• Flosep - Gas/solid vortex tube separation systems are one of the AEC's foremost technologies, arising originally from the uranium enrichment program. Flosep specialises in the design, including fluid dynamic studies, and manufacture of air filtration and dust control systems. Applications range from the reduction of stack emissions and other dust suppression projects to the recovery of fine product and filtration of ventilation air. Industrial applications include systems for compressors, winder motor cooling, substations and general ventilation.
  • Fabritech - This specialised fabrication facility produces complex plant components in sophisticated materials for demanding service environments, including pressure vessels, heat exchangers and associated plant equipment in Aluminium, Stainless Steels, Duplex steels, Monel, Inconel, Titanium and other high alloys. Total area under cover is 7 700m2, with a total clean area under cover of 1,350m2.
  • Pelchem - The chemical division of Pelindaba Technology was established in April 1999 to commercialise the technologies and products developed in the past for the nuclear fuel cycle. Initial products included hydrogen fluoride (HF), fluorine (F2), UF4 and UF6. Two new chemical plants are situated at Pelindaba, which provide tungsten hexafluoride (WF6) and chlorine trifluoride (CIF3) specifically for use in the semiconductor industry.
  • Special Alloys Division - The Division renders metallurgical services, produces special alloys, undertakes heat treatment, welding, brazing and casting of materials with surface properties such as corrosion, wear and erosion resistance, or low friction.
  • Specialised Plating Technology Division - Comprehensive cleaning and surface finishing services include surface treatment consulting, general plating, plating of noble metals and specialised plating.
  • FTP Toolcoat Division - Modification of polymer surfaces using fluorine or fluorine gas mixtures.
  • Vacuum Service Division - Maintenance on a variety of vacuum equipment including vane, piston, diffusion, turbo and roots vacuum pumps and helium detectors.

The AEC designed and produced the initial nuclear device at Pelindaba. A second device in late 1979 at Pelindaba but it was suitable only for use in a test. The only criticality test for the HEU core was conducted at Pelindaba. Facilities at the Pelindaba complex also included facilities for machining high explosives (HE) for implosion weapons and for related testing and firing. AEC personnel continued advanced weapons design research at this facility for the remainder of the duration of the nuclear weapons program.

The AEC continues to operate the SAFARI-1 research reactor within the confines of a nuclear license by the Council for Nuclear Safety and with a mainly commercially directed focus. SAFARI-1 is a 20MW Materials Test Reactor of the tank-in-pool type (Oak Ridge design). It is currently being utilised mainly for commercially oriented projects. Institutional cooperation is low but steadily increasing following a decision to actively enhance this aspect of the reactor's role in South Africa. This latter role of SAFARI-1 is receiving particular attention while the former serves to offset the costs involved in running the facility.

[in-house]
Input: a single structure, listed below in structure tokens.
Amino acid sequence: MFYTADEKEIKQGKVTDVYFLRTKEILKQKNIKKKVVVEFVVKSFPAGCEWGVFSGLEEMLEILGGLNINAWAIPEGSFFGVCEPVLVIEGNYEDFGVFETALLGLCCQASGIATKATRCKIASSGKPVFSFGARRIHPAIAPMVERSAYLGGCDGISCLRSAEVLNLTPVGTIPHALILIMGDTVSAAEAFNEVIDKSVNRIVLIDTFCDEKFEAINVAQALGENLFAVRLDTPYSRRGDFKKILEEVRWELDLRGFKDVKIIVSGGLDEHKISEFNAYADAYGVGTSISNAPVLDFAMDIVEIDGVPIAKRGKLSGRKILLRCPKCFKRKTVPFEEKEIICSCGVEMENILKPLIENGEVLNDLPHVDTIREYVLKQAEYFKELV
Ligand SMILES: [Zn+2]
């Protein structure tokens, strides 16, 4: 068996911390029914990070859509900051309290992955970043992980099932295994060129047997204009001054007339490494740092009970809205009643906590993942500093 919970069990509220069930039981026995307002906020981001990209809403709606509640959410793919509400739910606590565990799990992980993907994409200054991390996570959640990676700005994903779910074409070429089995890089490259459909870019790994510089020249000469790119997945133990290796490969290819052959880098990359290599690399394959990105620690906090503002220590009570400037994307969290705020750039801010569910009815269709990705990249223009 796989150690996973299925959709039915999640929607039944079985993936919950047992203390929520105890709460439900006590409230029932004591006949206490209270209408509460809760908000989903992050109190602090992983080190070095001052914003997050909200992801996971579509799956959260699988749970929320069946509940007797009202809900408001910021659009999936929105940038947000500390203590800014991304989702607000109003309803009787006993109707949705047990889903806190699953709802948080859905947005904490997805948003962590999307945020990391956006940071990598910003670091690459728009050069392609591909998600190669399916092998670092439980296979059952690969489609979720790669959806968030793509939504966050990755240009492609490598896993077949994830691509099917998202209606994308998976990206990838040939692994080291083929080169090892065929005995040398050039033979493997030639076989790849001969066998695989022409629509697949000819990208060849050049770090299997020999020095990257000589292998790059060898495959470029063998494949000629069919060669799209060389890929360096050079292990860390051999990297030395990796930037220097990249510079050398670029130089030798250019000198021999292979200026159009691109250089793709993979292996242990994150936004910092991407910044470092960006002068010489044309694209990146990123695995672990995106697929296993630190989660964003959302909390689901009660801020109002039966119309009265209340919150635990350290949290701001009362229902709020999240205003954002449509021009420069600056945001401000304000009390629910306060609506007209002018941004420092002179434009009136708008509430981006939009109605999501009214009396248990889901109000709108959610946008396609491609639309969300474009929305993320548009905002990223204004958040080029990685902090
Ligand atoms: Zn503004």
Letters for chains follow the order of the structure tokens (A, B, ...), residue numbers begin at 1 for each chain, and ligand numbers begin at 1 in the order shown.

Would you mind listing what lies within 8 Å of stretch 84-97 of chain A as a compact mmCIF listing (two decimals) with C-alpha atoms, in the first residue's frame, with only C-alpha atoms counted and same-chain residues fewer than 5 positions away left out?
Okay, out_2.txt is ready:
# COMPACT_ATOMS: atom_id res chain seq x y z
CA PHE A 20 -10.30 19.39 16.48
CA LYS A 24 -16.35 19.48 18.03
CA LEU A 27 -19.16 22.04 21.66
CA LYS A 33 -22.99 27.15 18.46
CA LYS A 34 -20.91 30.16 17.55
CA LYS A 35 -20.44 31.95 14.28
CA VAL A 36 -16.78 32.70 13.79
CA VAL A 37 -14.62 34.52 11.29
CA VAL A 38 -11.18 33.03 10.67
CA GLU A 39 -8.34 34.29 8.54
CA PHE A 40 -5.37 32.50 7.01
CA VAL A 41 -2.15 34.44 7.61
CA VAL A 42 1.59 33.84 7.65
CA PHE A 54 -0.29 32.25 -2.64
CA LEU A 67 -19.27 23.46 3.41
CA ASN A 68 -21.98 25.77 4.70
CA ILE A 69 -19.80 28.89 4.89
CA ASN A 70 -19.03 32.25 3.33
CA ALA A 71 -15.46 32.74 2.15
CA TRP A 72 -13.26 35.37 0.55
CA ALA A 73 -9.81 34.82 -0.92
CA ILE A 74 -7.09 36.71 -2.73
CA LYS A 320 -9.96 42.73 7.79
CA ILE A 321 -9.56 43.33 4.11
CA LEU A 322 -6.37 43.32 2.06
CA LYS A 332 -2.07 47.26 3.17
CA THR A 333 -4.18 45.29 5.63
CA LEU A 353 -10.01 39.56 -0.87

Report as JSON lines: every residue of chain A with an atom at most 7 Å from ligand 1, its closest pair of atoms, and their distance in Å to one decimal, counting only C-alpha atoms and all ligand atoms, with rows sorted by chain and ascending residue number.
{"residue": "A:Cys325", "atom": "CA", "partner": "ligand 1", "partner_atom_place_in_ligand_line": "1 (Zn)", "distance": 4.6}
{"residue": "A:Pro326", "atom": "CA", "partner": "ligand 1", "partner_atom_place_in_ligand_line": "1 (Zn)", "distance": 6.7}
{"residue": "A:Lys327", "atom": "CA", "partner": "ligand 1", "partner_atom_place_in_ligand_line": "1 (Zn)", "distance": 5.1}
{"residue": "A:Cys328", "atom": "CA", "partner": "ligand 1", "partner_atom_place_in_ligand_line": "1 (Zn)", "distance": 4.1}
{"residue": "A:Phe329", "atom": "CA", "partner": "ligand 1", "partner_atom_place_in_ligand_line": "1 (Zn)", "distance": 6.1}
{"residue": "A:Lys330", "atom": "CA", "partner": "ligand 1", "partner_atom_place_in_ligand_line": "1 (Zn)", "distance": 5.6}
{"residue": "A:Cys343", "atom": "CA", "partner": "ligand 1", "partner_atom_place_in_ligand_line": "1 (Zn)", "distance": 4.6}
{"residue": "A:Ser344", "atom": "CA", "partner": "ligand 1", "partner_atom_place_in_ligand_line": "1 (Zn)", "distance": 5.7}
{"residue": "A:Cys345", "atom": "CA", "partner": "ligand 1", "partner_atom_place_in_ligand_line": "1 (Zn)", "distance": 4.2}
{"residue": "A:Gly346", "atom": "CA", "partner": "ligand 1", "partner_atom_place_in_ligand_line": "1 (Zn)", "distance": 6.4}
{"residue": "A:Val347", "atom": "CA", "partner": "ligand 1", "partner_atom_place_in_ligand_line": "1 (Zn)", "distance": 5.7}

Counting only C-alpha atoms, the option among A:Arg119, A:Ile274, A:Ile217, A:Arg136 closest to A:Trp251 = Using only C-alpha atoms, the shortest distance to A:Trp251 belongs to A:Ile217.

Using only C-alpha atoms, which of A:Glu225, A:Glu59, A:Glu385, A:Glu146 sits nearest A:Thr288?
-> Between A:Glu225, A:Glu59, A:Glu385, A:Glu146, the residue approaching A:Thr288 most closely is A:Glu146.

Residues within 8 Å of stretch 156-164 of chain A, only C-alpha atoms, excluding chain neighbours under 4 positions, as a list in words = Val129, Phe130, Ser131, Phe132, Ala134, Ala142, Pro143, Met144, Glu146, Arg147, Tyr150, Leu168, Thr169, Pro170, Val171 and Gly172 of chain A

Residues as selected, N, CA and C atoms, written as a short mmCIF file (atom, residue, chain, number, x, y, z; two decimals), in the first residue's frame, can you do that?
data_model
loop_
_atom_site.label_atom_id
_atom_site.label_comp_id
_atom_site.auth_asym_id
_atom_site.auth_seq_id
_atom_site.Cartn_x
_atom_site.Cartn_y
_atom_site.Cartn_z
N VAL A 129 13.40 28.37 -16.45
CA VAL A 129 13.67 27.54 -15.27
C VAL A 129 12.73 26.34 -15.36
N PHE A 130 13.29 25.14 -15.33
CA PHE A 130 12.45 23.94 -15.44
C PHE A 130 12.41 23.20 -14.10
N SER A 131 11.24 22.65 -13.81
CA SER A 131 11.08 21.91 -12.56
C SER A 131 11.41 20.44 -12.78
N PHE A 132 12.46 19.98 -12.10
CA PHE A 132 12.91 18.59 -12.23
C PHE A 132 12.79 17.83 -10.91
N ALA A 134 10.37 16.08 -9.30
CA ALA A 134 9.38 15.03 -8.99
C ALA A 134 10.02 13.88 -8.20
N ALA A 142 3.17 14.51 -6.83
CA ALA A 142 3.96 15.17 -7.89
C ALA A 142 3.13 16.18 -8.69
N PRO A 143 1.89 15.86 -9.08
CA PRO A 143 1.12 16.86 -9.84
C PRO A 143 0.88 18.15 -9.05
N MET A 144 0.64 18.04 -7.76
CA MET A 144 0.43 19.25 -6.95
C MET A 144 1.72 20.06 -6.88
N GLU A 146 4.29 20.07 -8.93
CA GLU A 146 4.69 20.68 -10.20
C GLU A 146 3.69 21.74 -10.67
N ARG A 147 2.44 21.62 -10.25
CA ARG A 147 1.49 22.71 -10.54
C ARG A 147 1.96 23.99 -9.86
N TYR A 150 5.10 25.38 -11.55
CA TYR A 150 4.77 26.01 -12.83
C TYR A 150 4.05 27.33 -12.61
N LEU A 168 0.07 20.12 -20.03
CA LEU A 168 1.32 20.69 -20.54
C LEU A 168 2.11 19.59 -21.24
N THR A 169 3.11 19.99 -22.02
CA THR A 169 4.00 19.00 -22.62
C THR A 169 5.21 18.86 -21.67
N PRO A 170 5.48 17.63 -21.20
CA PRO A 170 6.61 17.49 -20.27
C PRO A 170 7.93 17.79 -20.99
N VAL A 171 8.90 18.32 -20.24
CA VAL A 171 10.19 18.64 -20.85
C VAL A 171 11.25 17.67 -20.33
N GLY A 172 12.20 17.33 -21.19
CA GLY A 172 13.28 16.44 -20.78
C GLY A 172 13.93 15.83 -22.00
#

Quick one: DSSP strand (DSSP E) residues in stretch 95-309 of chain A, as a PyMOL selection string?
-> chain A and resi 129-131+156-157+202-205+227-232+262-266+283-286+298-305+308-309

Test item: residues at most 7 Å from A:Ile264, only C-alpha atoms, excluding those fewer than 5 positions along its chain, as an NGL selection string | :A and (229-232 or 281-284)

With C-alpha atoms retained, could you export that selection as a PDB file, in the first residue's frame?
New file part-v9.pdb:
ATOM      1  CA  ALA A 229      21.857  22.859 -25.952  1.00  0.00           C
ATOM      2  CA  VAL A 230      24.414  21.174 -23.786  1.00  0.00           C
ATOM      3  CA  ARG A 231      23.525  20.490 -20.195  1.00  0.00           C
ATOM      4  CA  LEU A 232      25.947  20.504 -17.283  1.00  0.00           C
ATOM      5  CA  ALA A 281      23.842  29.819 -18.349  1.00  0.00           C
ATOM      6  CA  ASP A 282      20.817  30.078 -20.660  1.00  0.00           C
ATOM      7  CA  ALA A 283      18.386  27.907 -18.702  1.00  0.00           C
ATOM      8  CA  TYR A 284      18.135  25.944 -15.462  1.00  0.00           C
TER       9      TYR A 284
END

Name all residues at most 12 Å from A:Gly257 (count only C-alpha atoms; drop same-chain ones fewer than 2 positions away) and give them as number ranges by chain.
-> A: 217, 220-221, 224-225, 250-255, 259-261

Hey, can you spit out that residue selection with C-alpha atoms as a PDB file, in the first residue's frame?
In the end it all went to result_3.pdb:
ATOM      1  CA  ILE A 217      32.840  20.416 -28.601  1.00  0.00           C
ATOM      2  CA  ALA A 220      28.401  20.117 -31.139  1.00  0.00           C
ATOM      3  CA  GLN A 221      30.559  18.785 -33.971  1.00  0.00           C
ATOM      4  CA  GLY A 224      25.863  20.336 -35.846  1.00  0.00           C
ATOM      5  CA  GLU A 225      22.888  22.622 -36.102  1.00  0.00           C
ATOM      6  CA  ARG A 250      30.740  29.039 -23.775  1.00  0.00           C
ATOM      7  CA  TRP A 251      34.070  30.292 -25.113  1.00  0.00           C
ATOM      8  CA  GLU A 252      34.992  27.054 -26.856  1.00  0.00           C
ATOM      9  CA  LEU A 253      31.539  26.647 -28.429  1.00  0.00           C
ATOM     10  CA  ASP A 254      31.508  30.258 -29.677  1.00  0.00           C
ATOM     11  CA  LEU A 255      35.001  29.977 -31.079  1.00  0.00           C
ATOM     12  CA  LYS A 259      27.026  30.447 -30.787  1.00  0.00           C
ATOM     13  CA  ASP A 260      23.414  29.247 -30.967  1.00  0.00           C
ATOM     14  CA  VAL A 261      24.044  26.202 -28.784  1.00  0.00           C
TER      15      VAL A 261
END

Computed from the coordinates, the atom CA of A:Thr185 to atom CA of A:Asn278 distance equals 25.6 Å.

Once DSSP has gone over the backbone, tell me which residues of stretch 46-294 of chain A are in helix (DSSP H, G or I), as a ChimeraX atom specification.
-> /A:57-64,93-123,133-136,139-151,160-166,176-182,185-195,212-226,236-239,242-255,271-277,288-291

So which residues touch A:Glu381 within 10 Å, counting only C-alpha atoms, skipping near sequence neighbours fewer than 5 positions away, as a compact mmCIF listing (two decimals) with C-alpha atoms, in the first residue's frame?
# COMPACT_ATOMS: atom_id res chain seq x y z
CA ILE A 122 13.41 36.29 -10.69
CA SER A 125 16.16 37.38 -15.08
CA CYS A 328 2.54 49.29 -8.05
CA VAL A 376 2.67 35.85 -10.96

The SAFARI-1 reactor is supported by a comprehensive infrastructure, including -

  • a large inventory of highly enriched uranium
  • an MTR fuel manufacturing plant
  • extensive hot cell facilities
  • an Isotope Centre
  • a pipe storage facility for interim storage of spent fuel
  • two disposal sites for low and medium-level radioactive waste
  • theoretical reactor physics support
  • radiochemistry, including radiopharmaceutical research
  • radioanalysis

The two most important commercial products produced by SAFARI-1 are fission Mo-99 and the transmutation doping of silicon. The former application is rapidly growing and will contribute significantly to covering the running costs of SAFARI-1 in the future. In the mid-1990s the Atomic Energy Corporation of South Africa expanded its Mo-99 production capacity at its Safari-1 research reactor to 1000 curies per week. Other commercial applications relate to isotope production, materials modification, neutron activation analysis and the provision of general irradiation services.

In the late 1990s. to carry out its regulatory control function on safeguards of nuclear materials more cost-effectively, the AEC's vault of highly enriched uranium for the SAFARI-1 reactor, together with a number of other locations elsewhere in the world, were fitted with Remote Monitoring Systems by the IAEA. These systems allow the IAEA to carry out direct surveillance of any nuclear material store through encrypted direct signals to Vienna.

In 1998 the AEC commissioned its interim retrievable dry store at Pelindaba for spent fuel from SAFARI-1 after receiving the necessary safety and safeguards approvals from the Council for Nuclear Safety and the International Atomic Energy Agency in Vienna, respectively. As a result, 120 spent fuel elements were transported from the spent fuel racks in the pool of SAFARI-1 research reactor to the retrievable dry store on Thabana.